While I was involved with the Open Directory Project, I know that a large number of editors frowned on the use of relevant keywords in site descriptions, and would regularly strip out any keyword or keyword phrases that might be used to adequately describe the site. Thus, site descriptions are not particularly descriptive, often consisting of only a few words, and sometimes as little as two. On the positive side, I have not come across any site descriptions that were promotional.

There are editors within the Open Directory Project who maintain their areas of responsibility within the directory, but there are many categories that have not been updated in years, with submitted sites languishing in the queue, even when submitted to empty categories. Due, no doubt, to reduced editor involvement, far too many of the Open Directory Project's categories are stale.

Usefulness - 13/25

There was a time when the Open Directory Project was the place to go when you were looking for something on the Internet. There is still a lot to find in the directory but, as mentioned earlier, there is not a lot of fresh content. There are several empty categories at the lower levels of its category structure.

Its excellent taxonomy is a large plus when it comes to usefulness, as it is very easy for someone to find his way around the directory. However, its lack of descriptive content renders its search feature far less useful than it would otherwise be.

Category descriptions are used to provide instructions to site submitters, not to guide directory users.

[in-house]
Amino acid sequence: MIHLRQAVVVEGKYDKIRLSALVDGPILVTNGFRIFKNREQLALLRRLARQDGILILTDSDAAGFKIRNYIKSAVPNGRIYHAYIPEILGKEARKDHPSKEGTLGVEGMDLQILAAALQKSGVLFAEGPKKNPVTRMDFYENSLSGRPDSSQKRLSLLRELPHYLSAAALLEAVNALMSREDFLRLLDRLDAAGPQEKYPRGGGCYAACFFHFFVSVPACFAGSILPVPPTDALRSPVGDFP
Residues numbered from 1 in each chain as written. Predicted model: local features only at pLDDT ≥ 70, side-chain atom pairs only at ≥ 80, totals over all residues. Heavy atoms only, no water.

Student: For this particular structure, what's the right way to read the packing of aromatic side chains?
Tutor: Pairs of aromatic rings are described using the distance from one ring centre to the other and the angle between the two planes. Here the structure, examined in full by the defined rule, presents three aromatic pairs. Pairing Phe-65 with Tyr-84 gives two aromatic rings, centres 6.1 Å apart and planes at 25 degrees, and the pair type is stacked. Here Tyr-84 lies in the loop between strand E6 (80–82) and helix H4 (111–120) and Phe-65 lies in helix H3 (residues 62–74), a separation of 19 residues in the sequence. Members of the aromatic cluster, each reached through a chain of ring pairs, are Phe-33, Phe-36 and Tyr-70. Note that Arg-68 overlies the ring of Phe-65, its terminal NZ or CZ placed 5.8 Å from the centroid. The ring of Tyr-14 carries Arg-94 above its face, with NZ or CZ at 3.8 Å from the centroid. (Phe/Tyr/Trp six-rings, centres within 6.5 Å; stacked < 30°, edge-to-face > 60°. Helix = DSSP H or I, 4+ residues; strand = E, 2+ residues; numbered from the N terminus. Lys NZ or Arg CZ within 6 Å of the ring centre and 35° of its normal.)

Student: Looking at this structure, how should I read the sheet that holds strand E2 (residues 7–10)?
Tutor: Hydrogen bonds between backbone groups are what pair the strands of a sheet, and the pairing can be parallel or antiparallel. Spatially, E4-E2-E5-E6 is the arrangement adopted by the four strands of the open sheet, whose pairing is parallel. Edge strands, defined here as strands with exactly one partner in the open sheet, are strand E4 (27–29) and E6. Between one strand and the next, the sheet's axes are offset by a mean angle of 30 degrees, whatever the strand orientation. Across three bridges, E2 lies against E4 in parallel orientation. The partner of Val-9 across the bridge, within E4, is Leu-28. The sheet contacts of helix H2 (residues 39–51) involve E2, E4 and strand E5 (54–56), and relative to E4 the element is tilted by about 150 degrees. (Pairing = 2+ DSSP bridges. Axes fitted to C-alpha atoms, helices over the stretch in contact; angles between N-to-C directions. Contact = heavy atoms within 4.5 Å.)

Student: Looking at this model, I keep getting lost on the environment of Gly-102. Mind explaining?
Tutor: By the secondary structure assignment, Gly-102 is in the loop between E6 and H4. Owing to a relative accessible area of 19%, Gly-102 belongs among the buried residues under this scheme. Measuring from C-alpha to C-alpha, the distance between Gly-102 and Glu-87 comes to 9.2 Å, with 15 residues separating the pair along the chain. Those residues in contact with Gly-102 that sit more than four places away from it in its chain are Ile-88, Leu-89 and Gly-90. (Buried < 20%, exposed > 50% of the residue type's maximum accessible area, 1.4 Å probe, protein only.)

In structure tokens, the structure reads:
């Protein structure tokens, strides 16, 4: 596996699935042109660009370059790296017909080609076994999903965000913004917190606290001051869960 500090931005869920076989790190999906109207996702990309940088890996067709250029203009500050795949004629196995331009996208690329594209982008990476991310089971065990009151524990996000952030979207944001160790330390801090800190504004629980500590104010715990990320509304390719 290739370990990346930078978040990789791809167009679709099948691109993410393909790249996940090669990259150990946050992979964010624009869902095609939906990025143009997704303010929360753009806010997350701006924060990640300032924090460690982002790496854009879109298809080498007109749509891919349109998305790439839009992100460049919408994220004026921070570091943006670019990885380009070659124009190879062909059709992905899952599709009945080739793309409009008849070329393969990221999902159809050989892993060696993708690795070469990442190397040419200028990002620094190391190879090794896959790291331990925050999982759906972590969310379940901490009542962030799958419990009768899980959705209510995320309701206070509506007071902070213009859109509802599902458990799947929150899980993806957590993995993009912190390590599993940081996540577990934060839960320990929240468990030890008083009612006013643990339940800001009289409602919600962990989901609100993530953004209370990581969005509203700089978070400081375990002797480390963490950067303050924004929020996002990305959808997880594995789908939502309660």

Extra Credit - 2

Whatever might be said about the Open Directory Project, it was a true pioneer in the web directory industry, one of only a few that are still online. The Open Directory Project will always have a warm place in my heart, and for these reasons, I am giving it two extra credit points.

Overall Rating - 75

Upon my evaluation of the Open Directory Project, I have rated it at seventy-five percent.


I would like nothing better than to see the Open Directory Project get new blood, or perhaps some of its old blood back, so that its categories would be fresh once again. Times are tougher today, I know, and it may be more difficult to find people who are willing to volunteer their time for a project that is owned by a for-profit company.

During the years that I was a meta editor there, it was not unusual for me to devote more time to the Open Directory Project, in a typical week, than I was to my paid job.

While there were, no doubt, some unethical actions on the part of some of the directory's thousands of editors, this was not the norm, and corruption was dealt with quickly and regularly. In various forums, I come across a lot of people complaining that editors with the ODP are there only to add their own sites, and those of their clients. While I cannot attest for current practices within the directory, as I haven't had a login for years, I heard a lot of the same stuff when I was an editor there, and I don't believe that it was true then, so I don't know that it is true today.